Portrait of a Young Girl is a small oil-on-oak panel painting by the Early Netherlandish painter Petrus Christus. It was completed towards the end of his life, between 1465 and 1470, and is held in the Gemäldegalerie, Berlin. It marks a major stylistic advance in contemporary portraiture; the girl is set in an airy, three-dimensional, realistic setting, and stares out at the viewer with a complicated expression that is reserved, yet intelligent and alert.
It is widely regarded as one of the most exquisite portraits of the Northern Renaissance. Art historian Joel Upton described the sitter as resembling "a polished pearl, almost opalescent, lying on a cushion of black velvet." The panel builds on the work of Jan van Eyck and Rogier van der Weyden, and was highly influential in the decades after its completion. Its appeal lies in part in her intriguing stare, accentuated by the slight misalignment of her eyes, while the eyebrows are faintly skewed.
Christus frames his sitter in a rigid and balanced architectural setting. She is positioned within a narrow rectangular space, before a wainscotted wall. The image is divided by the horizontal parallel lines of her wainscot and blouse, which join at the inverted triangle formed by the neckline of her dress. The rendering of the background departs somewhat from contemporary conventions in portraiture: Christus sets the girl against a dark brown wall with little detail, in contrast to the elaborate interiors of Jan van Eyck, who is often regarded as Christus' master. It is defined entirely by its material, a wooden dado rail along the top and the wainscot that forms the lower portion. The wall sets her in a realistic interior, perhaps intended to represent a space within her home.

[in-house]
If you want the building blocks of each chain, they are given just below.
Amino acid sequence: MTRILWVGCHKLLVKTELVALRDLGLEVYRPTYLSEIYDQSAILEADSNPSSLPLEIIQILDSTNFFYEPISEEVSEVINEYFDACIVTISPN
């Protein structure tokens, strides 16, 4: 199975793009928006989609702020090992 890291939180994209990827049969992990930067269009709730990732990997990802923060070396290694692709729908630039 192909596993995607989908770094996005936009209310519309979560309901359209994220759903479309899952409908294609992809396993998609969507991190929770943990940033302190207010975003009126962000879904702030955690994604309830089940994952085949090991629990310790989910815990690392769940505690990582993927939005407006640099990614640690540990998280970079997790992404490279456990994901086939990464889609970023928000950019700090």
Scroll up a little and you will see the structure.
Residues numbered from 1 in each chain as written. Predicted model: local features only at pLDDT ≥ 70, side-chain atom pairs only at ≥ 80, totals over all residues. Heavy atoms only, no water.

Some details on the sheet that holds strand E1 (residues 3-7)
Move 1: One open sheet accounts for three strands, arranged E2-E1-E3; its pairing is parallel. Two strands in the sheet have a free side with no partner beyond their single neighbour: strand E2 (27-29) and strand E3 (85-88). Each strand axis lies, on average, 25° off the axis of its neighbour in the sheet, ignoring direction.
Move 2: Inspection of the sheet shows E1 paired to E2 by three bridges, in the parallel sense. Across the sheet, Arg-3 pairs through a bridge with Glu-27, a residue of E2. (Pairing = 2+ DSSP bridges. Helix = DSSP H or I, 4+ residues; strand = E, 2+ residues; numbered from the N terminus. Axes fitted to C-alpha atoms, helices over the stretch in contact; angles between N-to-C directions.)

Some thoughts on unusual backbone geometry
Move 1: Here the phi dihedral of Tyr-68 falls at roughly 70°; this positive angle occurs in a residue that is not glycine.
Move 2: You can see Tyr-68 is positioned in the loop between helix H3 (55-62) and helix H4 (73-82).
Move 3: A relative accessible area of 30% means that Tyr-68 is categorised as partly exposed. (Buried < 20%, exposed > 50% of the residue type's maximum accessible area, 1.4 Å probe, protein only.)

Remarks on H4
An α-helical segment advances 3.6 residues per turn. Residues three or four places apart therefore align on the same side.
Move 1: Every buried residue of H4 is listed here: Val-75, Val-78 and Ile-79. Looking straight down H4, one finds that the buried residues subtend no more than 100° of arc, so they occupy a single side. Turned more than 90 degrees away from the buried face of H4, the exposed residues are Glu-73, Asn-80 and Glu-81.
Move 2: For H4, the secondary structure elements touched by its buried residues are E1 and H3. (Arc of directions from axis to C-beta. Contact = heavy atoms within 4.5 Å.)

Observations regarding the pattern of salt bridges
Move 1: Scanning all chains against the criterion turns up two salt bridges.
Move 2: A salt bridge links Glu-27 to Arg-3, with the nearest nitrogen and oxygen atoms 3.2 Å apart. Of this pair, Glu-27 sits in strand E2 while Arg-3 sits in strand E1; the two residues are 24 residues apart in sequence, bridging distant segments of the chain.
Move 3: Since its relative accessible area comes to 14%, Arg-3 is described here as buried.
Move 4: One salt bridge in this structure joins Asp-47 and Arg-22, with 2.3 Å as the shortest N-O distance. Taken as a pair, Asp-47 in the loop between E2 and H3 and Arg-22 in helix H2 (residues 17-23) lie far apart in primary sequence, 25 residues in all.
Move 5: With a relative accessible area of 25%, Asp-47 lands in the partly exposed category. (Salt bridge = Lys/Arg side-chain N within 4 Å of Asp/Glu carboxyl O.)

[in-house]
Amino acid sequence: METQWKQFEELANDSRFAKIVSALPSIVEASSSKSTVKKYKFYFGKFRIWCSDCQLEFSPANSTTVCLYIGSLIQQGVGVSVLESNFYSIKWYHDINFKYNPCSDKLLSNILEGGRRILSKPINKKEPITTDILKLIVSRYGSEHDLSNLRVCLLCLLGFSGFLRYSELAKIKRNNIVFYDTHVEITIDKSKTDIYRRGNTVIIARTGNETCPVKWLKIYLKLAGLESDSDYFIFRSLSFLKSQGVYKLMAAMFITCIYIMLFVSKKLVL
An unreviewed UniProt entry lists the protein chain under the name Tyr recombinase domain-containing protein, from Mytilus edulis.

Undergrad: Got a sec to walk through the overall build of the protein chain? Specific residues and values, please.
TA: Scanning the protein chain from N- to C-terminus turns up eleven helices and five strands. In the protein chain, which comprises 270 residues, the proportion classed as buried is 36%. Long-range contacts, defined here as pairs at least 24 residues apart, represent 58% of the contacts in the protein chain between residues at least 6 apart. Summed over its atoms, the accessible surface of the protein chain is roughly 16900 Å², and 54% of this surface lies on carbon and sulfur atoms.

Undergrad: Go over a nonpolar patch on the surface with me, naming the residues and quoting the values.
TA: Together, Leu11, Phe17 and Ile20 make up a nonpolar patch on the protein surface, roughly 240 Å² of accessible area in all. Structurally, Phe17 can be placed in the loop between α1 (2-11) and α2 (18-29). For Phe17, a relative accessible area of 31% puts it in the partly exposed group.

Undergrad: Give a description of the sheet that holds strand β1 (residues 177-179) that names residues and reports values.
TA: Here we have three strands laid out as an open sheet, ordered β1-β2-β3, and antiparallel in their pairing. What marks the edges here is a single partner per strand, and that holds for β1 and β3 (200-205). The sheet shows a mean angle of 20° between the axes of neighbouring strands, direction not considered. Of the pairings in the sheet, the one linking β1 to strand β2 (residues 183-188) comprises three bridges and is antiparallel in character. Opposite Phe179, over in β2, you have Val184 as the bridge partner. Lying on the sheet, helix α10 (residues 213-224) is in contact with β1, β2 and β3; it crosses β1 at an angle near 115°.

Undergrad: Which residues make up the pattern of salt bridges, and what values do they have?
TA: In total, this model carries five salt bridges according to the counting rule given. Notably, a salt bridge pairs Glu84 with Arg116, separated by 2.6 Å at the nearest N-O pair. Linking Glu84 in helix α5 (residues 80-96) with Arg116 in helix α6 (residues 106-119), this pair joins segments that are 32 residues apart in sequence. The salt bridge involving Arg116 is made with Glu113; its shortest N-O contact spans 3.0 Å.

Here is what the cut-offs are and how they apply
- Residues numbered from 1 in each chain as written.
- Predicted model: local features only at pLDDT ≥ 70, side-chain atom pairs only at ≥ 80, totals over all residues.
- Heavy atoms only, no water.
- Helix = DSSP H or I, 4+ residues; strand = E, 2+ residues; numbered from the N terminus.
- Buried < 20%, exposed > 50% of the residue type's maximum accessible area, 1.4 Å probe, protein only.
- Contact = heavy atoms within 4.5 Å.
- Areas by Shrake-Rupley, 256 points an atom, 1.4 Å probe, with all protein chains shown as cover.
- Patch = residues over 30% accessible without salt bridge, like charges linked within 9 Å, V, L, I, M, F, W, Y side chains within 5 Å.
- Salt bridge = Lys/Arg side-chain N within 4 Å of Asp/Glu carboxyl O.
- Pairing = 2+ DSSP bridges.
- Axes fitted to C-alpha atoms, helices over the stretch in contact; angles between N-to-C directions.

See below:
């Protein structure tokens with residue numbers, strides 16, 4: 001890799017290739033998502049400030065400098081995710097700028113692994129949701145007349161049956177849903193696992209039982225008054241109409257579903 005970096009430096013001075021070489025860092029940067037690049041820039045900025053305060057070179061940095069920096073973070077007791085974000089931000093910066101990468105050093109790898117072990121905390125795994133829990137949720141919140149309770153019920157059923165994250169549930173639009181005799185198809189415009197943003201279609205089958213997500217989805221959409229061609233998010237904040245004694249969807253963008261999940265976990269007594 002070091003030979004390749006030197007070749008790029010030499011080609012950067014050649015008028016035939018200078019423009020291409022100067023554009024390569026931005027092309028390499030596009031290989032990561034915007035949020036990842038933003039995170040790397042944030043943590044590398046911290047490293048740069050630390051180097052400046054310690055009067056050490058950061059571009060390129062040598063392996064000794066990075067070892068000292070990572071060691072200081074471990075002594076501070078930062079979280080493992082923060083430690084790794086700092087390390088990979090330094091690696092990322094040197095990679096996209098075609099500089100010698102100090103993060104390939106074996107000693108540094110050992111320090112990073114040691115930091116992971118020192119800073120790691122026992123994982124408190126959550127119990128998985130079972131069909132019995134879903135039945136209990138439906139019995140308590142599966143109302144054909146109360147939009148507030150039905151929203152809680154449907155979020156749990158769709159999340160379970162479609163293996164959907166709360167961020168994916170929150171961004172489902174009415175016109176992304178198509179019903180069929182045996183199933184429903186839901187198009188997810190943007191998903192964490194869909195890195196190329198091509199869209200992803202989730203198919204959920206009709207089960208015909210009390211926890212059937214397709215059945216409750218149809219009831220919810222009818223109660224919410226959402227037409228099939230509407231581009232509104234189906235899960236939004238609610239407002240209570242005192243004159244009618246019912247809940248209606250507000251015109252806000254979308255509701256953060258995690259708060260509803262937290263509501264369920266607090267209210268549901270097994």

Light falls on the pictorial space from the left, creating shadows against the back wall, the strongest cast by the girl's hennin. The depth of space provided by the back wall gives room for this detailing, which Charles Sterling believes is indebted to van Eyck. The light throws a murky but curved shadow on the wall behind the girl and acts as a counterpoint to the contour of her cheek and hairline.
The girl has pale skin, almond and slightly oriental eyes and a petulant mouth. She reflects the Gothic ideal of elongated facial features, narrow shoulders, tightly pinned hair and an almost unnaturally long forehead, achieved through tightly pulled-back hair which has been plucked at the top. She is dressed in expensive clothing and jewellery and seems to be uncommonly elegant. She looks out of the canvas in an oblique but self-aware and penetrating manner that some art historians have described as unnerving. Joanna Woods-Marsden remarks that a sitter acknowledging her audience in this way was virtually unprecedented even in Italian portrait painting. Her acknowledgment is accentuated by the painting's crop, which focuses the viewer's gaze in a near-invasive manner that seems to question the relationship between artist, model, patron and viewer.
The headdress is a variant of the truncated or bee-hive hennin, then fashionable at the Burgundian court. A very similar style, with no tail, is seen on the older of two girls in the donor panels of Presentation of Christ by the Master of the Prado Adoration of the Magi, a pupil of Rogier van der Weyden. The black band under the chin is rarely found in other images from the period, and has been interpreted as a style borrowed from the male chaperon hat, which always has a long tailing tail or cornette, sometimes worn wrapped under the chin in this way.
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